Southwest Michigan grape scouting report – May 3, 2017

There’s a risk of frost damage over the coming week. Low rates of flea beetle feeding have been detected, and phomopsis and powdery mildew protection is needed in susceptible varieties.

Grape flea beetle adult crawling on the underside of a grape cane. Image courtesy of Keith Mason, MSU.

Grape flea beetle adult crawling on the underside of a grape cane. Image courtesy of Keith Mason, MSU.

Weather

We are currently about a week ahead of 2016 in heat accumulation and vine development, but the next five days are predicted to be cool. Low temperatures could reach 32 or 33 degrees Fahrenheit in our area Sunday and Monday, May 7-8. There is a risk of shoot damage occurring during this cold period. Vineyards with frost protection measures should prepare to employ them.

Growing degree-day (GDD) accumulations
Enviroweather stationCurrent GDD50 (May 2)Projected GDD50 (May 9)Predicted low temp. next 5 days
Berrien Springs 258 266 33
Benton Harbor 331 339 33
Lawton 234 253 32

Crop development

Concord and Niagara buds have broken and they have 1- to 5-inch shoots, with clusters becoming visible in some location. Early-breaking varieties such as Marquette have also put on several inches of shoot growth. Later hybrids and vinifera range from bud swell to 1-inch shoot growth.

Grapevine development stages

Current development stages of grapevines at the Southwest Michigan Research and Extension Center: (left to right) Concord, Marquette and Riesling. Protect Concord and Marquette from phomopsis as the new leaves unfold from the clusters as shown. All three varieties are currently susceptible to frost damage. Image courtesy of Brad Baughman, MSU Extension.

Fungal diseases

Rains over the weekend and Monday, May 1, were an infection period for phomopsis. Cool and shady conditions were also conditions for powdery mildew infection. Juice grape and hybrids should get an application EBDCs to protect from phomopsis and early black rot ahead of the next predicted rains.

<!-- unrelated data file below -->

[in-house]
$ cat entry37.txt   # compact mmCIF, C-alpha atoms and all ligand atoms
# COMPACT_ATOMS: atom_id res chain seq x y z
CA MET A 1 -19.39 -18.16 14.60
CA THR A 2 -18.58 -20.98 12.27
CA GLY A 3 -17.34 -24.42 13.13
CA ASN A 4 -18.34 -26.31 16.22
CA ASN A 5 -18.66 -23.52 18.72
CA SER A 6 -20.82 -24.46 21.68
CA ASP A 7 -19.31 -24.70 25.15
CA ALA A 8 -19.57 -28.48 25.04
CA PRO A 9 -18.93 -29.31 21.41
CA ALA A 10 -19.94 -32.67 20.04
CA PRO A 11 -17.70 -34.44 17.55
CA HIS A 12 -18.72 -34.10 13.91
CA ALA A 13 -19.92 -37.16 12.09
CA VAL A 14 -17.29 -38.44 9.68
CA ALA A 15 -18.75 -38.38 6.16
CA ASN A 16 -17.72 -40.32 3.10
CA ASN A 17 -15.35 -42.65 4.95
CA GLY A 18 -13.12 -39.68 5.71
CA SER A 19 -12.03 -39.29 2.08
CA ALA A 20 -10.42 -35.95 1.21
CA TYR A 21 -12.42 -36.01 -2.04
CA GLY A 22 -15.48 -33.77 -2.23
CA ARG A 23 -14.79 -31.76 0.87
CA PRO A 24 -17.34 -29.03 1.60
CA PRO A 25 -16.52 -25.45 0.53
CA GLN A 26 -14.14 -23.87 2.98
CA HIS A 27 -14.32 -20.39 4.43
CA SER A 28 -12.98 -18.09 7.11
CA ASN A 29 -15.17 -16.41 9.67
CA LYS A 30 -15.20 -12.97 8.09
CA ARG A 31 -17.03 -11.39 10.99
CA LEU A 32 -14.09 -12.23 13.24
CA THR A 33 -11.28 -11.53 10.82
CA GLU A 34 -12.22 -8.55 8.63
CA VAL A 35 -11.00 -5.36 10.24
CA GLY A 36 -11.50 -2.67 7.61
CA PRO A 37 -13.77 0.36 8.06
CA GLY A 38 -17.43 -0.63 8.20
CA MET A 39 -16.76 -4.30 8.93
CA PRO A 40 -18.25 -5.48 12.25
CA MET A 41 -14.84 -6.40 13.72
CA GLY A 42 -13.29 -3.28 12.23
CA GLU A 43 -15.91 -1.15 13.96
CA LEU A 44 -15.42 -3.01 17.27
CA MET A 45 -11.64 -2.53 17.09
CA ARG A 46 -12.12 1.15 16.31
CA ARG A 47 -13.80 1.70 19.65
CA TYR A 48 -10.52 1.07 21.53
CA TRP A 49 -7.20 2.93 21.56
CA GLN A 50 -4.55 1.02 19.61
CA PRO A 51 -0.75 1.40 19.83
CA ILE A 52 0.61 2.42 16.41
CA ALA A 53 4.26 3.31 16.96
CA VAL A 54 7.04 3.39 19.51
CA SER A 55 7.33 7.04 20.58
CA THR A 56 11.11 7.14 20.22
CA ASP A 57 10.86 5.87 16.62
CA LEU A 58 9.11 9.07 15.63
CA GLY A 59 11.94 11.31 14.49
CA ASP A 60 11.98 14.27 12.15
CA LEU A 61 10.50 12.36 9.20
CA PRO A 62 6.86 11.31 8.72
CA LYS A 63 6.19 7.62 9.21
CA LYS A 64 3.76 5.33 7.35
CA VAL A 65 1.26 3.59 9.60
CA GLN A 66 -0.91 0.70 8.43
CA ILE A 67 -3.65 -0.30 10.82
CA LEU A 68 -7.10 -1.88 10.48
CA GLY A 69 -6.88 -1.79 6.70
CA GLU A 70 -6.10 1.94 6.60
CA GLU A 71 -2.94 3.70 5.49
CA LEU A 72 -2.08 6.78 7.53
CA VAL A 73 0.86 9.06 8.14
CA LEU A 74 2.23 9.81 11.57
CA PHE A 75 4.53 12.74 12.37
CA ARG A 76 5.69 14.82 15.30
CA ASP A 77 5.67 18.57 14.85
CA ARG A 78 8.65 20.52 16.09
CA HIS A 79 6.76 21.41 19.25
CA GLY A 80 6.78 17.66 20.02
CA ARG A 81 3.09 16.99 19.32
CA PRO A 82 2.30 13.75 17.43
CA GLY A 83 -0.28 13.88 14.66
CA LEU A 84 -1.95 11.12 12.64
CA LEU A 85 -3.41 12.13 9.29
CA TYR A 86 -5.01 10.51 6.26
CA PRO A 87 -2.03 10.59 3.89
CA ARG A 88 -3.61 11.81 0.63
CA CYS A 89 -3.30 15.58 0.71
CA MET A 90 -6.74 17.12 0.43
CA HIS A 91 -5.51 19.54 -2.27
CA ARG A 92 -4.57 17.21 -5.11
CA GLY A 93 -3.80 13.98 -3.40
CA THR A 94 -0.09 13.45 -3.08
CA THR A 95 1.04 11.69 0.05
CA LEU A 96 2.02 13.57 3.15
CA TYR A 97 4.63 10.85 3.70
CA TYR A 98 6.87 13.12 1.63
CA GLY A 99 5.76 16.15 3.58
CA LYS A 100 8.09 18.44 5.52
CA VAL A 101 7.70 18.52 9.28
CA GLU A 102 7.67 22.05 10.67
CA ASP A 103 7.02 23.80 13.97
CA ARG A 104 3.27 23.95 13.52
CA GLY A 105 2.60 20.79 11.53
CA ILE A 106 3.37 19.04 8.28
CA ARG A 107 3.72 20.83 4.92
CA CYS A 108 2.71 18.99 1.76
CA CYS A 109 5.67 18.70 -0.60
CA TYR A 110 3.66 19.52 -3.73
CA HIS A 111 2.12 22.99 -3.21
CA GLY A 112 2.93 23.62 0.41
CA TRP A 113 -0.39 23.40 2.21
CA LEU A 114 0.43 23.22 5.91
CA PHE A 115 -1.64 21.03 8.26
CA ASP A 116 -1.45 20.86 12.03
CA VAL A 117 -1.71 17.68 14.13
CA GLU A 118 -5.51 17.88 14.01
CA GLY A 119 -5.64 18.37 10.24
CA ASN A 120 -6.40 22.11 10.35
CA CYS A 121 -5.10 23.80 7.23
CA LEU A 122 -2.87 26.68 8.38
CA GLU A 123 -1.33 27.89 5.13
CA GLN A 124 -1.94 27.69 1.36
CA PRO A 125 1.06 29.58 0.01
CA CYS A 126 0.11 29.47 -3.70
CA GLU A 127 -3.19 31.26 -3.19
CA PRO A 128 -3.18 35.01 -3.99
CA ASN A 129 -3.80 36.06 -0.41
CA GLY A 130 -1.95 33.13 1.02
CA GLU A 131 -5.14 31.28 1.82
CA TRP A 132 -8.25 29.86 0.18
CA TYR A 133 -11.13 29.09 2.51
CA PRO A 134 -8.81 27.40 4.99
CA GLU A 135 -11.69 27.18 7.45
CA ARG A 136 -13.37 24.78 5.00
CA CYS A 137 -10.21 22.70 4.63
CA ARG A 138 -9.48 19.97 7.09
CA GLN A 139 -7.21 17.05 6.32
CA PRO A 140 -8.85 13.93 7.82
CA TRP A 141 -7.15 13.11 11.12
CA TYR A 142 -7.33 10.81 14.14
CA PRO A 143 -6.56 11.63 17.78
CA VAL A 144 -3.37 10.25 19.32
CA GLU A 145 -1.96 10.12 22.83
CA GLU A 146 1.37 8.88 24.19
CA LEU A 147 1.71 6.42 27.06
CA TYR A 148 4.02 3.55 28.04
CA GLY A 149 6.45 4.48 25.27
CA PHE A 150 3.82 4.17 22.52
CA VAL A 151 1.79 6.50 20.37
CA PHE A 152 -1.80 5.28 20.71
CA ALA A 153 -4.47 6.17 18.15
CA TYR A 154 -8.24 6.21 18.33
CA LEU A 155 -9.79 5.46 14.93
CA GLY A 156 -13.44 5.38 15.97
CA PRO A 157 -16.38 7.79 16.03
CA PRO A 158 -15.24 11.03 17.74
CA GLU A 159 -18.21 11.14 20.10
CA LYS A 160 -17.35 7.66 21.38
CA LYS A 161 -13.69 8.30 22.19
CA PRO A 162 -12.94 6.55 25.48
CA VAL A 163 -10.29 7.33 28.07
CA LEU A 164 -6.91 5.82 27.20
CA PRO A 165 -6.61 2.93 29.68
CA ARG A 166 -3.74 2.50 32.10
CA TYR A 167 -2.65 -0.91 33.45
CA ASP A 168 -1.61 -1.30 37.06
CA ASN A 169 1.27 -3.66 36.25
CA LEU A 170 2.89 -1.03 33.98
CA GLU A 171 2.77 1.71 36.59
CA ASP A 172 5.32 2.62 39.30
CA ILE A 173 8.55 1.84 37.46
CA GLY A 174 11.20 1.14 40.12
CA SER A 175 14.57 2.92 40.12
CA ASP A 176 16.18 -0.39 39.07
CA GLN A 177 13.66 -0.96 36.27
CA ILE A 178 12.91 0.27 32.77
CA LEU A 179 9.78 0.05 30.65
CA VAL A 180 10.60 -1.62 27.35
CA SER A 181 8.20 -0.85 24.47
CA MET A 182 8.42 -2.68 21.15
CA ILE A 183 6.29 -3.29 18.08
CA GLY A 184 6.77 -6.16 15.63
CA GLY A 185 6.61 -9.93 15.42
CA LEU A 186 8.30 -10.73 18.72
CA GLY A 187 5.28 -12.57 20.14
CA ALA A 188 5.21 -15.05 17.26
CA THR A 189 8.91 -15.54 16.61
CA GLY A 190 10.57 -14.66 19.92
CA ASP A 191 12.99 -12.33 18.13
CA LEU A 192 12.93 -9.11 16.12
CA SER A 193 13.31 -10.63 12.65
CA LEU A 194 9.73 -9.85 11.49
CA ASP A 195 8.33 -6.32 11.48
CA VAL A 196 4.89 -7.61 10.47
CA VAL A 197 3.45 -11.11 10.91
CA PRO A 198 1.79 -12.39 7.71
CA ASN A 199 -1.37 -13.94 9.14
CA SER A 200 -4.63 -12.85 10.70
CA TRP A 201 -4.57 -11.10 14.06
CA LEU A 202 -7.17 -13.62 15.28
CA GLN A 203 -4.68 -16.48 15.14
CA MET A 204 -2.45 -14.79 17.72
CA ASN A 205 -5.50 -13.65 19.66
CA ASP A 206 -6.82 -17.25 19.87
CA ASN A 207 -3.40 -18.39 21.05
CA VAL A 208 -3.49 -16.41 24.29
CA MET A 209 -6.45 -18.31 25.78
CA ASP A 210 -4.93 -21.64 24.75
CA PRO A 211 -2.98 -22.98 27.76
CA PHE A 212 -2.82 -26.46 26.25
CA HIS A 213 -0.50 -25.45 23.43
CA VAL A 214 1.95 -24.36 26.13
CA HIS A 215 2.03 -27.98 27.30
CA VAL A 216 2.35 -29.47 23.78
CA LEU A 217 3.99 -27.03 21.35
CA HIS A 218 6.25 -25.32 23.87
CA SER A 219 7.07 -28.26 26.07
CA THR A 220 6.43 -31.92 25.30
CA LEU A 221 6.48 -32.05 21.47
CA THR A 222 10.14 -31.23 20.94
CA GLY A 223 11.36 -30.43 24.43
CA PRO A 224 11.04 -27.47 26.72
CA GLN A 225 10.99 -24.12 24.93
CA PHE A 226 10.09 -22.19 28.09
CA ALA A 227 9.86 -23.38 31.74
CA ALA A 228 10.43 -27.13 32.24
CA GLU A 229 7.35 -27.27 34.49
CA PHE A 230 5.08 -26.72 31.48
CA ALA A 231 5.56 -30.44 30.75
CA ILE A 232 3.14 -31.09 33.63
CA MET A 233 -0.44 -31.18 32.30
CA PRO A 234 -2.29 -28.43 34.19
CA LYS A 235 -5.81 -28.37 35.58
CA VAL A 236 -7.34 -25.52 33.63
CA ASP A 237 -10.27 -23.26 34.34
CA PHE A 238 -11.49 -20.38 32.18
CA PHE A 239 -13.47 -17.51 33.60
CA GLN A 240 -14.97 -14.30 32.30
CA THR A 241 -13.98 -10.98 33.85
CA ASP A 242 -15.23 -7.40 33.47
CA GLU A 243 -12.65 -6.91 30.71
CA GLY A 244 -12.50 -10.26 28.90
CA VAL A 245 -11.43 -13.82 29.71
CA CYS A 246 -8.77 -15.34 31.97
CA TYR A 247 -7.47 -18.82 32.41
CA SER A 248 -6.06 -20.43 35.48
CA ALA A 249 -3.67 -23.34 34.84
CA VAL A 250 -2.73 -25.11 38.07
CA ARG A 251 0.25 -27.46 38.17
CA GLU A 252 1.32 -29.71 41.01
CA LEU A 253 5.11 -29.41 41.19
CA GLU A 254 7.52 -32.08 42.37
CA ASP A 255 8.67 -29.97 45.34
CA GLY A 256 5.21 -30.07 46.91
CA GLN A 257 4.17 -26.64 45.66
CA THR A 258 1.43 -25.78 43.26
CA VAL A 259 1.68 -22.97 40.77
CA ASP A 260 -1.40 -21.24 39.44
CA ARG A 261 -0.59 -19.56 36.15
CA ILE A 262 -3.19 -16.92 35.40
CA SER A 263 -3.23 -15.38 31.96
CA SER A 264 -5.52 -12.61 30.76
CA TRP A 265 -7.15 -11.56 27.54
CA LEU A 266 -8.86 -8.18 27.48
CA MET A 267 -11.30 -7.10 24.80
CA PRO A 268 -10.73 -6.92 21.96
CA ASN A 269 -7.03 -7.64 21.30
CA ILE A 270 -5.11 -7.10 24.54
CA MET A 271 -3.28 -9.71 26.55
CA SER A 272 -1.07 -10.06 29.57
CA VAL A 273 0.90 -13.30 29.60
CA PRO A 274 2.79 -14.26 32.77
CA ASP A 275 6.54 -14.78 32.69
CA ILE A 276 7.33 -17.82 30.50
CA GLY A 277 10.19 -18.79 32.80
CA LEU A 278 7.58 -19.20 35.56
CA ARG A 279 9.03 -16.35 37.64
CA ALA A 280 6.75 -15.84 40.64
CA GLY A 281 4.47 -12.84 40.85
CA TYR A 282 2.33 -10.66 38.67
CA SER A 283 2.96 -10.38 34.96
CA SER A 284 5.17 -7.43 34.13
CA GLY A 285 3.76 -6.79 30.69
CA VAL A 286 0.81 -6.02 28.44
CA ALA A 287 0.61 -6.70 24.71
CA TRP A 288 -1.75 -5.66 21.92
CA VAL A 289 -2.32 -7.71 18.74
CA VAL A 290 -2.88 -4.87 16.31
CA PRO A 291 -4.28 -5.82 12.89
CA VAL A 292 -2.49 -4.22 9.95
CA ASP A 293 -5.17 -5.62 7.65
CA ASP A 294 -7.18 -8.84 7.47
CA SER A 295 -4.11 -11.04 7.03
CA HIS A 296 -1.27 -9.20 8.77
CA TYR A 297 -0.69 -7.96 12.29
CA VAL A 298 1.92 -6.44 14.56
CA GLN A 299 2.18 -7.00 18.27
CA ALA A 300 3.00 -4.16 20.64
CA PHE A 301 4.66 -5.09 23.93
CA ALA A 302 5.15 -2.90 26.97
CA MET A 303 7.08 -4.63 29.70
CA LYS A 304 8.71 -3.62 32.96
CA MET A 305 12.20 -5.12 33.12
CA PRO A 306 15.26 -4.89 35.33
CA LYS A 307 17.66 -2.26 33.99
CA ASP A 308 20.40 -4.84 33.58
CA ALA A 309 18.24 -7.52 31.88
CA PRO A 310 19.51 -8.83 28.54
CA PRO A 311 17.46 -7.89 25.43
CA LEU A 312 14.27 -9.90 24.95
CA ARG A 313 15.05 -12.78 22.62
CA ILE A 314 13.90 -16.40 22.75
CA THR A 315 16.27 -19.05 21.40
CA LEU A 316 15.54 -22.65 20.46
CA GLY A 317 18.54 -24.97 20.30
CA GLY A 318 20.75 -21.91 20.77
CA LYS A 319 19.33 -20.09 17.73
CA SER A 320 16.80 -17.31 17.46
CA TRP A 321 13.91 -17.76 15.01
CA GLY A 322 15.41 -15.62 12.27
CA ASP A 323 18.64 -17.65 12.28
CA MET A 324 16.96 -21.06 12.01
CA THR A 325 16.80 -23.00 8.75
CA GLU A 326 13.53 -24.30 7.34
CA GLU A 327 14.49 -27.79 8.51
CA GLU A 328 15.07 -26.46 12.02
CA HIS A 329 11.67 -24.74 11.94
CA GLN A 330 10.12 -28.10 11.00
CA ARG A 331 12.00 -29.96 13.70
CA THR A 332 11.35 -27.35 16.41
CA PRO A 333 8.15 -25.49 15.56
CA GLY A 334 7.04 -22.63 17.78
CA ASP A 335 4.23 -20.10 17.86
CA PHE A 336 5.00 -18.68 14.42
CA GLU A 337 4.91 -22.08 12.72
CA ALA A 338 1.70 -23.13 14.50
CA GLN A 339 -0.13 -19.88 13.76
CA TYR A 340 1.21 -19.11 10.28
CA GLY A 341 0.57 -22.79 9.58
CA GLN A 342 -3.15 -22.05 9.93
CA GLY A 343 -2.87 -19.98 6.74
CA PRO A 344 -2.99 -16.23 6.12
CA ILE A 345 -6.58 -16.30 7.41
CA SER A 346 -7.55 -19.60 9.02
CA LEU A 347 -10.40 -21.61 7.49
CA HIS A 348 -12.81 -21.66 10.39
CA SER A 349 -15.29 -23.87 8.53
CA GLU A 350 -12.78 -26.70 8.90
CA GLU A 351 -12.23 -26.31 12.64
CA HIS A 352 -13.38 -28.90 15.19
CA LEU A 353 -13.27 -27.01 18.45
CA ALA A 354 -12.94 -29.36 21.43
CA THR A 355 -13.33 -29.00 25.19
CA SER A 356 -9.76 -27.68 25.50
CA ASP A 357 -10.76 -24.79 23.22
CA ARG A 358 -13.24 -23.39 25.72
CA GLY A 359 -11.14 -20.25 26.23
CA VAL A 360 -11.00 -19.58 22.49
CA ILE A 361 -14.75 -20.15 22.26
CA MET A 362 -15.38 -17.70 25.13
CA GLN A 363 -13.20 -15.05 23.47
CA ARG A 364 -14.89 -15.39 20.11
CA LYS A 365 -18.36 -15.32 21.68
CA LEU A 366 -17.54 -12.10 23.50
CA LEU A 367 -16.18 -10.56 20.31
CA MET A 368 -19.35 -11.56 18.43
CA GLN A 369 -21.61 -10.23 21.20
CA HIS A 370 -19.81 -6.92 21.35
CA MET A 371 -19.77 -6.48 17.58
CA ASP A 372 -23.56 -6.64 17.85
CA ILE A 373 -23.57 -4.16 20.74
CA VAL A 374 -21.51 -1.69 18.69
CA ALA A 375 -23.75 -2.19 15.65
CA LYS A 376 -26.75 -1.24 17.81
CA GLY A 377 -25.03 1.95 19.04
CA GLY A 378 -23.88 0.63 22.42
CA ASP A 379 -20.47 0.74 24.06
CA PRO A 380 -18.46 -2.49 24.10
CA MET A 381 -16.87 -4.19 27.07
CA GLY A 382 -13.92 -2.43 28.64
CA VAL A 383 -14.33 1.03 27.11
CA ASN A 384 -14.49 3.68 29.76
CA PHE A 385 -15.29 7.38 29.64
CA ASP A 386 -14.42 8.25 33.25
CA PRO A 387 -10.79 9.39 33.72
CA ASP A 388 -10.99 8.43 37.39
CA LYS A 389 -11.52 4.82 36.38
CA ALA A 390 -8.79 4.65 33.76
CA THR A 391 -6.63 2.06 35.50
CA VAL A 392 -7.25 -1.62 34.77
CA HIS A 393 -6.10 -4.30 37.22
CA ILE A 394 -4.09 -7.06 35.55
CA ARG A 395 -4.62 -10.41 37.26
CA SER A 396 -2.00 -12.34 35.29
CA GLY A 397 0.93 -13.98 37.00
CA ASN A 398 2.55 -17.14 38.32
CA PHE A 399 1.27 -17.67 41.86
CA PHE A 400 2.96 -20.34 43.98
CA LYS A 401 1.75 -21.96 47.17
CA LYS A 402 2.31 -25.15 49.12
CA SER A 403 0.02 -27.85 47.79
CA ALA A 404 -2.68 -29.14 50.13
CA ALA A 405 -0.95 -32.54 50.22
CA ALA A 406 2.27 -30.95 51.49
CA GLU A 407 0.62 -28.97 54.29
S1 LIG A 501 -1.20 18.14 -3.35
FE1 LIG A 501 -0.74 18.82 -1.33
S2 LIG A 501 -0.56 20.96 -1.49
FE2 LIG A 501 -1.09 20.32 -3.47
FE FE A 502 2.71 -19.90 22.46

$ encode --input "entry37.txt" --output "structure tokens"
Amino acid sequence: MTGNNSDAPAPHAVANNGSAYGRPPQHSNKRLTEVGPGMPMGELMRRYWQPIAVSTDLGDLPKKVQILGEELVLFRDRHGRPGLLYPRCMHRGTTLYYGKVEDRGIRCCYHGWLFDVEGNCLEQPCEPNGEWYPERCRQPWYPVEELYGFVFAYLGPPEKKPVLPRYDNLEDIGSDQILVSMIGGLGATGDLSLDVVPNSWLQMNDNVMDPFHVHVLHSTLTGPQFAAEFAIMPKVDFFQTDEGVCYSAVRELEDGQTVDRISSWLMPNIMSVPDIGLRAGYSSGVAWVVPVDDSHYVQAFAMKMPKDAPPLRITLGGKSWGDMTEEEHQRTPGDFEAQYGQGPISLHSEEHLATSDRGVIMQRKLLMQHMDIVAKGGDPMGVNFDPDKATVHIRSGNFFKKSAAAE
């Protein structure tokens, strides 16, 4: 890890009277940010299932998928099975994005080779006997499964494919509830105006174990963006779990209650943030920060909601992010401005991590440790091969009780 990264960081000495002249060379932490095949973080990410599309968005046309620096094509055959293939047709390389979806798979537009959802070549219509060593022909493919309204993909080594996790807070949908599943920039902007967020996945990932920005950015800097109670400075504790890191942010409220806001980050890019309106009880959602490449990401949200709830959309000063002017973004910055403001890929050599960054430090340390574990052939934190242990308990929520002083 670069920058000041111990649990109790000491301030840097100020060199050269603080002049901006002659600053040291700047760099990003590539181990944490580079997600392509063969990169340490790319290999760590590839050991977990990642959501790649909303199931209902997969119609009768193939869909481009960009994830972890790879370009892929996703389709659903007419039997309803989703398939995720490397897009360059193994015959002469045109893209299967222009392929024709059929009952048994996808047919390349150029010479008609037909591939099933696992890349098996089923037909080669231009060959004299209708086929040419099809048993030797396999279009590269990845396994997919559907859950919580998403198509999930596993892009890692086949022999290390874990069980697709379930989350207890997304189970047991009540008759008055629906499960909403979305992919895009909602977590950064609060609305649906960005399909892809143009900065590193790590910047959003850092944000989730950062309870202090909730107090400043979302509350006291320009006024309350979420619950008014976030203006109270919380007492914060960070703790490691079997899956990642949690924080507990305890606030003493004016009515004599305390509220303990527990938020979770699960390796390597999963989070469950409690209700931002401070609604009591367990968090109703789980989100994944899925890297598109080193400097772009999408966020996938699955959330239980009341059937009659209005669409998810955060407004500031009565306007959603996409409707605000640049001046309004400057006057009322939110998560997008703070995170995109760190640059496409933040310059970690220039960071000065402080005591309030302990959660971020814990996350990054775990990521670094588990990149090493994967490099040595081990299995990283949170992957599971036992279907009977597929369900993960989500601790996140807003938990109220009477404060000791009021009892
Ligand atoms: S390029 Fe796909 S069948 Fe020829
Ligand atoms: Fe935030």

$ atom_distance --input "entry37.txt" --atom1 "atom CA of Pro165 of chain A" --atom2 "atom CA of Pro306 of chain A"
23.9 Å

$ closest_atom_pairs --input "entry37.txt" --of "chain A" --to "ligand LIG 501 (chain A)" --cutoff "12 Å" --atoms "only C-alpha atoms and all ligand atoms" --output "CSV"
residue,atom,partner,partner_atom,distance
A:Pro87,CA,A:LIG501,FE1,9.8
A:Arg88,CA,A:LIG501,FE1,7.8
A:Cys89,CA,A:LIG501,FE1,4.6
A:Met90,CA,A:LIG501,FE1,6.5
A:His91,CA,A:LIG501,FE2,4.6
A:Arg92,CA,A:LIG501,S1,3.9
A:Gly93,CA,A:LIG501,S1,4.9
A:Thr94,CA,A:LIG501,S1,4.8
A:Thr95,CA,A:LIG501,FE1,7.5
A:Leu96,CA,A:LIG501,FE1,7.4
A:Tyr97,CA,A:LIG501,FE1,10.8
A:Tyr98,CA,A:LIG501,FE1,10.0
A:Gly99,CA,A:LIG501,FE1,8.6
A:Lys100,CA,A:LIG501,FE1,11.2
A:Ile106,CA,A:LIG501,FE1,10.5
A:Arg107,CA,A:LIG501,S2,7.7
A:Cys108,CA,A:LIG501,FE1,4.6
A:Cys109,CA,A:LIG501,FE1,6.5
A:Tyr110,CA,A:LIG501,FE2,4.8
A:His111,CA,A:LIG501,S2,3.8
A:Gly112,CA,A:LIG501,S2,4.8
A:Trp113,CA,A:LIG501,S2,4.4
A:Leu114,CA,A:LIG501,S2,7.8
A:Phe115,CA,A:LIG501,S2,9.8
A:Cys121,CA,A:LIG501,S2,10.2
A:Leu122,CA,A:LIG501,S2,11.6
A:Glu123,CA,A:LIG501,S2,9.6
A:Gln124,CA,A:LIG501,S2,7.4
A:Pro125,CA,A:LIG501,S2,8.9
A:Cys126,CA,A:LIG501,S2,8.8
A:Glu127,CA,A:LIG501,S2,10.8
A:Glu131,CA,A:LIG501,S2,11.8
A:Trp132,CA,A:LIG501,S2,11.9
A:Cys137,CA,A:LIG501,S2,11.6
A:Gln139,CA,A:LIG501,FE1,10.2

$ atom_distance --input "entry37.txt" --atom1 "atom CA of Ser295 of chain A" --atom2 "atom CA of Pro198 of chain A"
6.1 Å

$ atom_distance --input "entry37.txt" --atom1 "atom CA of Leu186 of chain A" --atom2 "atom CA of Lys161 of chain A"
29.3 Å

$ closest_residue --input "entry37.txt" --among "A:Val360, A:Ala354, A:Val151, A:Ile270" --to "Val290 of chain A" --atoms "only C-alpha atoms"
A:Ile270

The most important time to protect against phomopsis is when flower clusters become visible. Varieties susceptible to powdery mildew should also be treated for powdery mildew to prevent leaf infection. Options include SI materials, sulfur and others (see “2017 Michigan Fruit Management Guide,” Michigan State University Extension bulletin E0154).

Phomopsis symptoms

Phomopsis shoot base lesions in summer; these lesions form now on unsprayed vines, become visible in four to six weeks and are responsible for next year’s phomopsis infection spores in spur-pruned vineyards. Image courtesy of Brad Baughman, MSU Extension.

Insect pests

First-generation flight of grape berry moth has started early. We are seeing high trap catches in Van Buren County, with 11-78 moths per trap. Trap catches in Berrien County are still low at zero to two moths per trap). Treatment for grape berry moth at this time is not effective at reducing populations or preventing damage.

Brown marmorated stink bug adults were found at a vineyard in Lawton, Michigan. Flea beetle or cutworm damage was not found in Van Buren County, but less than 1 percent of shoots/buds were damaged in Berrien County. In varieties that have less than 2 inches of shoot growth, more than 2-5 percent of shoot or bud damage is the treatment threshold. Concord and Niagara have grown out of the stage where they can be injured by bud feeders.

Grape flea beetle damage

Example of feeding damage from grape flea beetle. Note the small hole in the side of the unfolding leaf tissue. Image courtesy of Keith Mason, MSU.

Thank you for reading the first vineyard scouting report of the season! We like being out in your vineyards to watch what’s happening with the vines, and we wish everyone the best in bringing a high-quality crop to bear. We hope you find the information in our report useful, and we encourage all grape growers in the state or region to call or email us. We welcome feedback or ask questions at any time. You can contact Brad Baughman at .(JavaScript must be enabled to view this email address) or 269-927-5674, ext. 4012, or Keith Mason at .(JavaScript must be enabled to view this email address) or 517-353-1397.

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